Public safety controversy may shift onto the ballot Rehrmann move brings criticism HARFORD COUNTY

September 26, 1993|By Phyllis Brill | Phyllis Brill,Staff Writer

If County Executive Eileen M. Rehrmann turned down the heat on the sheriff's office last week by withdrawing her bill to usurp his powers, she fanned the flames for the County Council by asking lawmakers to let voters decide the public safety issue.

"The county executive started this fire. Now she wants the council to be her water boy to put it out," said Barry Glassman, who with fellow council member Robert S. Wagner first proposed the idea of a referendum last summer as an alternative to dismantling the sheriff's office in mid-term.

Mrs. Rehrmann announced Tuesday that she would withdraw her bill proposing a three-part overhaul of county public safety authority. The "omnibus bill," as it came to be called, would have stripped the sheriff's office of law enforcement and jail authority by creating a county police department with an appointed police chief and a county department of corrections, headed by an appointed warden.

It also included a transfer of emergency communications now in the sheriff's office to the county's Emergency Operations Center in Hickory.

Instead, Mrs. Rehrmann urged council members to pass legislation putting both police department and corrections department proposals on the ballot in the next general election, in effect delaying major changes in the sheriff's office until after voters go to the polls in November 1994.

The unexpected move came as the County Council faced an Oct. 12 deadline for acting on the reorganization legislation. After being introduced in council in August, the executive's bill had failed to gain strong support from either council members or the public.

At a public hearing at C. Milton Wright High School 2 1/2 weeks ago, many citizens said they were opposed to replacing an elected sheriff with an appointed police chief.

"Mrs. Rehrmann started this whole issue by saying she wanted to appoint a police chief and didn't think the voters were smart enough to elect their own sheriff," said Mr. Glassman. "Now, when things get hot and she doesn't have four votes on the council, she's saying the voters should decide," said the District D Republican.

"I won't say I wouldn't support a referendum, since we brought it up in the first place," said Mr. Wagner, a District E Republican. "But I still think we can go in and fix managerial problems and make the system work under the sheriff's office without a lot of expenditure -- and without handing over control."

The county executive said she is not backing down on her support for a county police department and corrections department.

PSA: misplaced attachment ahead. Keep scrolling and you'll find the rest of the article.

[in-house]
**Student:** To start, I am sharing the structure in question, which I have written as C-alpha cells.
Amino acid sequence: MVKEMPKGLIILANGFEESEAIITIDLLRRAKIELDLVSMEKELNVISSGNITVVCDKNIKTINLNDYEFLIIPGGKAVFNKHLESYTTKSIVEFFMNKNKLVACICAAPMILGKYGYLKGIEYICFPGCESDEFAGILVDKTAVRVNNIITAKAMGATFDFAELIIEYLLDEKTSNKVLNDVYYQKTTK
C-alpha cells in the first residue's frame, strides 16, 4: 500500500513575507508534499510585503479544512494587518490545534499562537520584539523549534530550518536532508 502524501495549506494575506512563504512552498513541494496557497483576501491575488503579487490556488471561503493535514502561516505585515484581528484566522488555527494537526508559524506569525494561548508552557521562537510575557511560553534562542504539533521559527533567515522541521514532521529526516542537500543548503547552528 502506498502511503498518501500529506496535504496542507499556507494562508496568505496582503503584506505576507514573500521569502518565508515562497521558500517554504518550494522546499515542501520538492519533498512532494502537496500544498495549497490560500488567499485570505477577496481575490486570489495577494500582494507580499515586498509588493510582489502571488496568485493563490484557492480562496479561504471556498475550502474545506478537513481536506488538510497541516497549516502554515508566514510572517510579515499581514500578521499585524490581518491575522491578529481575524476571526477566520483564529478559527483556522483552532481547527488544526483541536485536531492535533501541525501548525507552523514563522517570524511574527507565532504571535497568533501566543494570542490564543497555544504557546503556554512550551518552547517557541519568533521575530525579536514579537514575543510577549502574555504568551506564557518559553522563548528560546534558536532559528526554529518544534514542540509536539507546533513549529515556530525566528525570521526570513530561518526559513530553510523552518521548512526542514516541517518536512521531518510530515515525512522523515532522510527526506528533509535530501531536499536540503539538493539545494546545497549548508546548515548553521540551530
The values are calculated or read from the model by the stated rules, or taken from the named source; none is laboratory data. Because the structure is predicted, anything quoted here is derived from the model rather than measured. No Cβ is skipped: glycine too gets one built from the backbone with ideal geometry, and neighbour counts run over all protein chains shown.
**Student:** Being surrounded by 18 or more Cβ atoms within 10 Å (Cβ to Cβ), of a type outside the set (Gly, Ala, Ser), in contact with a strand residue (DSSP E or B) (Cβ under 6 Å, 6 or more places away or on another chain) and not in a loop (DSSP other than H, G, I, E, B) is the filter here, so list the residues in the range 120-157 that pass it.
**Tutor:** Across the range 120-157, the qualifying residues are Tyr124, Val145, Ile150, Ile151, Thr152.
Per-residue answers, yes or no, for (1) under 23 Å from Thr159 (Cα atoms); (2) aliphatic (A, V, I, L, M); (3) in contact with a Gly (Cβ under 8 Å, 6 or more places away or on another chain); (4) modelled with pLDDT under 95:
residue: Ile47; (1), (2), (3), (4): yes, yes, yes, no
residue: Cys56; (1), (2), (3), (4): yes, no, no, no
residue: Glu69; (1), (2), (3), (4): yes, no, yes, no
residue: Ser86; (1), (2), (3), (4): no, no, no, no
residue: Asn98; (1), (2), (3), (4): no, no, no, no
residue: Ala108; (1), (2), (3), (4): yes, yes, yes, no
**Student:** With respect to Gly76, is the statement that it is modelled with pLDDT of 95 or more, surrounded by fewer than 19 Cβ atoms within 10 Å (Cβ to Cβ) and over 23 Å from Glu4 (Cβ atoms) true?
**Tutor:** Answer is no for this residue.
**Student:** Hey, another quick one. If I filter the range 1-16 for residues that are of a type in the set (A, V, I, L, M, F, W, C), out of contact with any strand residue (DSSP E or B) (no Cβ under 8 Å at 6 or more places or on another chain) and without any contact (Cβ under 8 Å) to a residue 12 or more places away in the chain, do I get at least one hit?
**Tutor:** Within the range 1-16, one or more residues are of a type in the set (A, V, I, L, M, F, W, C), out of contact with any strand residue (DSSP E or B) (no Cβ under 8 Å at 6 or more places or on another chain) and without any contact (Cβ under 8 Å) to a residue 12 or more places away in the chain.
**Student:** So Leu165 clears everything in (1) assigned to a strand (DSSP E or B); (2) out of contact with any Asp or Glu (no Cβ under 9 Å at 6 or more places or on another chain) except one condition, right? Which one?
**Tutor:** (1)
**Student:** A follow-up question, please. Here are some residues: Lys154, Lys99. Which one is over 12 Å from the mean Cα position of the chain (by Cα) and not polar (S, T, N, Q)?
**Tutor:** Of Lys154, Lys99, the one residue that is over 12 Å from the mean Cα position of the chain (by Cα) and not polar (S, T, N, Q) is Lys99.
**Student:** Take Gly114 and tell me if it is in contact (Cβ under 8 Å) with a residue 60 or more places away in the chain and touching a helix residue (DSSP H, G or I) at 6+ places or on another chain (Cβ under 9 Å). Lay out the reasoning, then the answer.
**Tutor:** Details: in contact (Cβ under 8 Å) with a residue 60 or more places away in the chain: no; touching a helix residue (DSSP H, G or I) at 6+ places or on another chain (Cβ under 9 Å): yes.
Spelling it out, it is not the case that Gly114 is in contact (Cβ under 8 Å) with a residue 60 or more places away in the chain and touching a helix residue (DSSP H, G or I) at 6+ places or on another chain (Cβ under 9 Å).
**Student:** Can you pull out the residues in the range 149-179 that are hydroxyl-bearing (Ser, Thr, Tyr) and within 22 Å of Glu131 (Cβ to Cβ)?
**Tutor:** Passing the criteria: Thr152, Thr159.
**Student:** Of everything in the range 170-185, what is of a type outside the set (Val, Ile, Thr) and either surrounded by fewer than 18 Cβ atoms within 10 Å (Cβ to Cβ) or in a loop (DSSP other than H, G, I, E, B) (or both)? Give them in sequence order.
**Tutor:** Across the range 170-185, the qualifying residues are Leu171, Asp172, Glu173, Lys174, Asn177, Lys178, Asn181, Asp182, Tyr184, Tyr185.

"These are issues we've been discussing for over 20 years, and substantial public monies have been spent to study them.

"I think it really is time to create a department of corrections and a department of police. But the feedback I got from public input and from council members was that it was such a fundamental change that it was something the voters need to decide."

Several other bills regarding public safety were introduced last month as alternatives to Mrs. Rehrmann's bill, including the Wagner-Glassman police department referendum measure.

One of the council bills could be amended to put the creation of a county corrections department on the ballot, too.

Still another proposal, one that would transfer police dispatch to the Emergency Operations Center, as Mrs. Rehrmann's

three-part bill proposed to do, appears to be the only one with certain support of the council, the county executive and the sheriff's office.

The council must act on all the public safety bills by its Oct. 12 meeting, after which the legislation will expire. But members seem determined not to let the executive's compromise move hurry them.

"The council does not like to be rushed," said President Jeffrey D. Wilson.

He said he believes that it is likely that the referendum on law enforcement will be approved, but that council members are still undecided on whether to send the detention center issue to the voters.

"I think the council has a very open mind on this and most of us have been careful not to paint ourselves into a corner," he said.

"There are just too many concerns here and too many unknowns," including a state attorney general's report on the jail still in the works.

That investigation began last spring after the county paid $400,000 in an out-of-court agreement with the family of inmate William M. Ford, who died under suspicious circumstances in the county Detention Center last year.

In April, Mrs. Rehrmann named John J. O'Neill acting warden at the jail and later announced her intention to take over all sheriff's office authority.

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